species: conspicillator Cramer, Moluccas, New Guinea, Sulawesi.
(unnecessary replacement name for Phyllodes).
genus contains the largest catocalines in the Indo-Australian tropics,
particularly in terms of wing span. The forewings have a distinctive shape and
facies that combine to provide an effective leaf mimicry. They are elongate,
narrow, with the costal margin increasing in curvature to the apex, and the
dorsal and distal margins together have a strong and more even curvature. The
apex is falcate. The greenish, rufous and brown wings are crossed by a series of
diffuse, ripple-like fasciae that are transverse to the reniform and, distal to
it, angled about a longitudinal line running from the apex to just posterior to
the reniform that represents the midrib of the leaf. The reniform itself is
transversely elongated, irregular, consisting of a series of pale then dark
lines to generate a blotch of disease or other type of blemish on the ‘leaf’. The hindwings tend to be darker brown with a band or patch of
flash coloration, yellow or deep pink with white.
abdomen has an eighth segment that is typical of the ‘framed corematous’
type, the coremata being well developed within the type species, a massive
central one flanked basally by a pair of smaller ones, partially arising from
it; these subsidiary coremata are not present in species with yellow flash
coloration on the hindwings. Lödl (2000) described and illustrated these
coremata detail. The uncus is simple, apically acute, and there is a slight
scaphium. The juxta is broad, plate-like in some species but approximates to an
inverted ‘V’ in staudingeri Semper. The valves are narrow basally, broadening
distally, roughly triangular, though with a small spur on the more ventral of
the distal angles. There is a longitudinal lacuna dorsal to the sacculus
extending to two thirds; there is a digitate process arising from the dorsal
margin of this lacuna. The aedeagus vesica is moderately convolute, some
diverticula with scobination, and usually with small, spiny rasp-like
female genitalia of the type species have the ostium between the eighth segment
and a cleft in the posterior margin of the seventh sternite, which is otherwise
well developed. The ductus is sclerotised over most of its length, tapering
slightly. There is a short and much narrower membraneous section that joins the
rather elongate, corpus bursae slightly subbasally and asymmetrically. The
corpus bursae is strongly but irregularly corrugate, scobinate throughout. There
is a prominent, pyriform appendix bursae arising at one third that gives rise
distally to the ductus seminalis.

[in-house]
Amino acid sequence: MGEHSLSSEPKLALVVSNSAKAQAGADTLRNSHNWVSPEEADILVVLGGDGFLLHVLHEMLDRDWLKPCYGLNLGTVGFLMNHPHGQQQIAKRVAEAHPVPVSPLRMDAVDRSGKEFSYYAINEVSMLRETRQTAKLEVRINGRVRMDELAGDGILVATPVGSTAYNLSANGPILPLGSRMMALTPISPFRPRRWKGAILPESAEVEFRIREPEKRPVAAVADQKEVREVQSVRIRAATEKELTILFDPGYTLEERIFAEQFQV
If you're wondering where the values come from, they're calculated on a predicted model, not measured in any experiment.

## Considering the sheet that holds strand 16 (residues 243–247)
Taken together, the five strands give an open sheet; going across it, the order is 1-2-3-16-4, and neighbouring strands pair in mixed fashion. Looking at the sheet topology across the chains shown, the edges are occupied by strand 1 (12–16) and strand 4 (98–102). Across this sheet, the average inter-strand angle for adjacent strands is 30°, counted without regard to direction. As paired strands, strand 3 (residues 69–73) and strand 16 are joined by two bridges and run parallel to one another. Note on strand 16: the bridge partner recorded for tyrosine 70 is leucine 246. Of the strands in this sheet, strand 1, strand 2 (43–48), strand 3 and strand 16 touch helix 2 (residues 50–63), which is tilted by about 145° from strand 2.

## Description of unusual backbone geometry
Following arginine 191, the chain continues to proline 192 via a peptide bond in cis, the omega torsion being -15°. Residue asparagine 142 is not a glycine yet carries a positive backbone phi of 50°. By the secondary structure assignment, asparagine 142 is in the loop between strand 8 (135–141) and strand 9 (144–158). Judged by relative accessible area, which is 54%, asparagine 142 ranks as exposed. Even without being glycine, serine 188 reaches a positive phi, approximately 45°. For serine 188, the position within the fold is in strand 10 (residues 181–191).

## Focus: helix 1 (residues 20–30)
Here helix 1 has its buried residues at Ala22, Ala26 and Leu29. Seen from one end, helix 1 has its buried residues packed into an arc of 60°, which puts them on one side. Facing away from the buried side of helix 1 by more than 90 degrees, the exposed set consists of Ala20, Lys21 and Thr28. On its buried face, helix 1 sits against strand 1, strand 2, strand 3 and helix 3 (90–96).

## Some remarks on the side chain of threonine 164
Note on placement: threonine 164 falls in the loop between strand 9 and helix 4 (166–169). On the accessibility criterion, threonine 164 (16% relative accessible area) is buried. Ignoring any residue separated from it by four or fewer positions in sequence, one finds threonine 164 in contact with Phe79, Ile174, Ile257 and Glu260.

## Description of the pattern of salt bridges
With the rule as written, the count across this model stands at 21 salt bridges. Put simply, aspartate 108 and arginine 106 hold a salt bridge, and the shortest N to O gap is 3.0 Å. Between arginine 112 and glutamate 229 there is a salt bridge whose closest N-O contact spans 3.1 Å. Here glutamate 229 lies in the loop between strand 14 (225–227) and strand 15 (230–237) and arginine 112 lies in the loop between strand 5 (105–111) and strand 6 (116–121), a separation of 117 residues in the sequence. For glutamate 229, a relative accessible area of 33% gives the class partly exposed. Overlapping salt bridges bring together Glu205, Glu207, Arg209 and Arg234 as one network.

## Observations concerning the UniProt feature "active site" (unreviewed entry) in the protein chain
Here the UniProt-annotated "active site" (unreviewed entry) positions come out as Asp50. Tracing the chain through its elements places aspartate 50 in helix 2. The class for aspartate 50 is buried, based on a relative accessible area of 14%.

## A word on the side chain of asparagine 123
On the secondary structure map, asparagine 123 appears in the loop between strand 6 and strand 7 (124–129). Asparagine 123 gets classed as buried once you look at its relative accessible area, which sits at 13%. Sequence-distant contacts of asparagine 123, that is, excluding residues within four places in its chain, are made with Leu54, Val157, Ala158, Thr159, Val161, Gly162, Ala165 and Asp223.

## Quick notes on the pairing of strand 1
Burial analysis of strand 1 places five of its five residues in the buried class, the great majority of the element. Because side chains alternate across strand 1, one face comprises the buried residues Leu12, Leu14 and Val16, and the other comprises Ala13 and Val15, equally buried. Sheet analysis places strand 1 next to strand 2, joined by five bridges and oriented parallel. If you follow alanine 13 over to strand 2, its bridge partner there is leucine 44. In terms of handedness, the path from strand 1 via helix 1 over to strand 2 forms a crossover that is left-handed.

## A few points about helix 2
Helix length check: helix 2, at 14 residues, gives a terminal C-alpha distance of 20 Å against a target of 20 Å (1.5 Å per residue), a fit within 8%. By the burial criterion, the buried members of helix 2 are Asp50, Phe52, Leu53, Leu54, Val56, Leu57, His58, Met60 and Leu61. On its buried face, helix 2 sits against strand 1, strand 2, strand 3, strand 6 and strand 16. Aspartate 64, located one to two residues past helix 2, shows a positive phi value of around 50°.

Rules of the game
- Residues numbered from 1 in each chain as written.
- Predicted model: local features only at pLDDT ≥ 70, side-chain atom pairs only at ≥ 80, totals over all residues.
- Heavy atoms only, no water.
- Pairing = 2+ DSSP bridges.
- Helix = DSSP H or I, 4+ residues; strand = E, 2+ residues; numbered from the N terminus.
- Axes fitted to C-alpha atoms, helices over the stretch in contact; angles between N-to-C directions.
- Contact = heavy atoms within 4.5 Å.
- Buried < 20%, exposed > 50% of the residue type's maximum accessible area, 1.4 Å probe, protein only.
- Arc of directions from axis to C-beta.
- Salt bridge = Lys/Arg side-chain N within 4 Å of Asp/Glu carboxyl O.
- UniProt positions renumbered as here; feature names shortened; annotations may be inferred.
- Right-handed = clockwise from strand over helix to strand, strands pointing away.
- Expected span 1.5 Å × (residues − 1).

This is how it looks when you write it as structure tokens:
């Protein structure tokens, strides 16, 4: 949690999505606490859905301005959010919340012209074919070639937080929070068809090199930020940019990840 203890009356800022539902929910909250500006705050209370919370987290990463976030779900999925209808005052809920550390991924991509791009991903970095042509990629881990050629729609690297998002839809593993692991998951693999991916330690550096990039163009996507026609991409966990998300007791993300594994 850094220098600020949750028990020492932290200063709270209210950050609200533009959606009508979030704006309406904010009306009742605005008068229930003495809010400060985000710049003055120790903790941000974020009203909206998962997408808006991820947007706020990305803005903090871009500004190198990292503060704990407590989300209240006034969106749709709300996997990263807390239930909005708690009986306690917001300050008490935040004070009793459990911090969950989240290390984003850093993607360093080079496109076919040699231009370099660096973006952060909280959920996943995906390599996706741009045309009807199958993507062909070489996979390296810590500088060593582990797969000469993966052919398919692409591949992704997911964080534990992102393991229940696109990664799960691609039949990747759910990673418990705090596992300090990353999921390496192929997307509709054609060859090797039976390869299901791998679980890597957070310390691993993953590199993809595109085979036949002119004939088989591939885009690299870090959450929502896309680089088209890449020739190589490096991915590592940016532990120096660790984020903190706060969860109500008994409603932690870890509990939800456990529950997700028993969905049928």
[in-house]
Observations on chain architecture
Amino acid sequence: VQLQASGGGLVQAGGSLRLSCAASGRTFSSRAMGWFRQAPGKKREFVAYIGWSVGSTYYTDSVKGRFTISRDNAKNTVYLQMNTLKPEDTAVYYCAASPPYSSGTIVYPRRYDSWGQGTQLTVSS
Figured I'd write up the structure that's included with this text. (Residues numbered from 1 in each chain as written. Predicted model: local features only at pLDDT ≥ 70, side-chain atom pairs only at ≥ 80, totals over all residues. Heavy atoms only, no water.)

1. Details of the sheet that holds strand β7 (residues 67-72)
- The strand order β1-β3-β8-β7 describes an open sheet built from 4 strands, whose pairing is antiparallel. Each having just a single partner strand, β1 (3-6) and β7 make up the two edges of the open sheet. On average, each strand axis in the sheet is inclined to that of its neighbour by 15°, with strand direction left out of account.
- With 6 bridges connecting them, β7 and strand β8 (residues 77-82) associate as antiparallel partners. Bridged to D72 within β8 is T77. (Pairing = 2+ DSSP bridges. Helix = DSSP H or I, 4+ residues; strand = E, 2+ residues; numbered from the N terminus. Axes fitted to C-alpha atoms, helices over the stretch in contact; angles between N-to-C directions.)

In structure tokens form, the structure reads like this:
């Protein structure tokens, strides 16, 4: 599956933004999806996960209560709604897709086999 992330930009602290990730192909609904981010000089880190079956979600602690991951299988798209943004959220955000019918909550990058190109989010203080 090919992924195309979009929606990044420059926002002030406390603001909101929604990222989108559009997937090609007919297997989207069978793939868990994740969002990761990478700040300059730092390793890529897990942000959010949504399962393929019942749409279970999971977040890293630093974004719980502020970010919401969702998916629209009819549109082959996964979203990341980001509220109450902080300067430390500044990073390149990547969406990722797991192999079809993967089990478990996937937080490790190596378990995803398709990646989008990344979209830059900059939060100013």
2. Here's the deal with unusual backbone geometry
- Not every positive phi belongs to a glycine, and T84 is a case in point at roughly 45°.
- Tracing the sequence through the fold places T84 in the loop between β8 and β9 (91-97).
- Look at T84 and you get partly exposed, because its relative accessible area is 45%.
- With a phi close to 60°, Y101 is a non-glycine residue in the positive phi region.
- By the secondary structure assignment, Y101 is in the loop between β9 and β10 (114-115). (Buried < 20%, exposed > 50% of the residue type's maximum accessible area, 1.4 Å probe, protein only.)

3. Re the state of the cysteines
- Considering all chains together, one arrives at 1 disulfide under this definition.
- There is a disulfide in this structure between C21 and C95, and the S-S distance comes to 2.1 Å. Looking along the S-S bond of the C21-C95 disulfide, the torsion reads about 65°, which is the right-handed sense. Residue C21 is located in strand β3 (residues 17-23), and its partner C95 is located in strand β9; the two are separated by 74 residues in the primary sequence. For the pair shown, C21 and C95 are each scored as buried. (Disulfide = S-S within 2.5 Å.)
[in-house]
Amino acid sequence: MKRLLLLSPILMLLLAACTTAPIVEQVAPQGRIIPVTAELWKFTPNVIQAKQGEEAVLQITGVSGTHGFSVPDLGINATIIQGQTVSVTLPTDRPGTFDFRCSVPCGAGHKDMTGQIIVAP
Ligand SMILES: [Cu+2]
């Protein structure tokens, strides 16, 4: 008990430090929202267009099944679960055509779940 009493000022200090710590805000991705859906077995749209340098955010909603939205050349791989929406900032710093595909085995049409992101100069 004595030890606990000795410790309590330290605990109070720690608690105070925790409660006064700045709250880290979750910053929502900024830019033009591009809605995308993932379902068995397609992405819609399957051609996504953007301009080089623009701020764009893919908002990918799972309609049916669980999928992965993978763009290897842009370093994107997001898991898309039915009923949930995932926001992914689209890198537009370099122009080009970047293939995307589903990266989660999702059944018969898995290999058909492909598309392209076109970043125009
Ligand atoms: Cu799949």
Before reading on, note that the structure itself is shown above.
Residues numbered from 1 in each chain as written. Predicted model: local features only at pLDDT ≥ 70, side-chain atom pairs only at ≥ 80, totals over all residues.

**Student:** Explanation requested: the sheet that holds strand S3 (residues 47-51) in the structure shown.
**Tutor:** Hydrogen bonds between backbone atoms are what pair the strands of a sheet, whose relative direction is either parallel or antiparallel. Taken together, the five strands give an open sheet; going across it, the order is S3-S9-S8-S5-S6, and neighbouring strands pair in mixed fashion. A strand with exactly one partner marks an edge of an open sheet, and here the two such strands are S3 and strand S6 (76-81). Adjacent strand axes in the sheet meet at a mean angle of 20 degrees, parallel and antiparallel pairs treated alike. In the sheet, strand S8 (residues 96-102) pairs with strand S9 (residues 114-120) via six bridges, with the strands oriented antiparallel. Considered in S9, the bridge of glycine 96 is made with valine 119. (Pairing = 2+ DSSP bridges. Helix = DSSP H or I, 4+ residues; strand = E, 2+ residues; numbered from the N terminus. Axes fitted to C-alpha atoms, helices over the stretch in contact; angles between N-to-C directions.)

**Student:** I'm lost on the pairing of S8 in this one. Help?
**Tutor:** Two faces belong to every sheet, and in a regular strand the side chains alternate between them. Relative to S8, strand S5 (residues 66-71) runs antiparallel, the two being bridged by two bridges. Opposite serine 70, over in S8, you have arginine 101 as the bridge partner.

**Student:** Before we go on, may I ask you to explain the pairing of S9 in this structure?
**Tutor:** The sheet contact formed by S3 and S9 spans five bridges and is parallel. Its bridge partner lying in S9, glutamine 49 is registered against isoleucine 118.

(MS) described the biology of the Indian P. consobrina Westwood.
The first instar is ivory white, the second black with first indications of the
pattern that develops in the third instar: a white dotted mantle over the dorsum
of A5 to A8, bounded by white lines from the anal proleg to the dorsum of A5;
the ocellus on A2 is ill-defined, orange. The final instar is stout, resembling
those of Erebus in shape, but always sitting stretched out, slightly
humped at A1 and A2. The main colour is a dark, smoky, rufous brown dorsally,
sometimes suffused more golden in the spiracular region of the thorax and from
A3 to A6. There is a lateral ocellus on T3, large, velvety black, shaded bluish
where in contact with dorsolateral subspiracular bands, and surrounded by white
spots. The dorsolateral ocellus on A2 is large but poorly defined in a golden
tint enclosing a few white dots. The dark dorsum has a paler dorsal band of
diamond-shaped patches, one small and one large behind it on each segment. There
are oblique whitish stripes laterally, sloping backwards, on each segment from
A3 to A6.
larva does not show the reared-up defensive posture of Eudocima
(but see below for a comment on a related Australian species) but always sits
stretched out, though slightly humped at A1 and A2. The pupa is without bloom,
its surface shining, pupation occurring in a cell made of leaves of the host
plant, such as in species of Eudocima.
recorded the larva on Anamirta and Cocculus (Menispermaceae).
(1990) noted that the Australasian P. imperialis Druce
has a cryptic larva that, when threatened, exposes a dorsal pair of blue-black
eye-spots associated with white tooth-like markings on the raised front half of
its body. The host plant is also in the Menispermaceae, Pycnarrhena.
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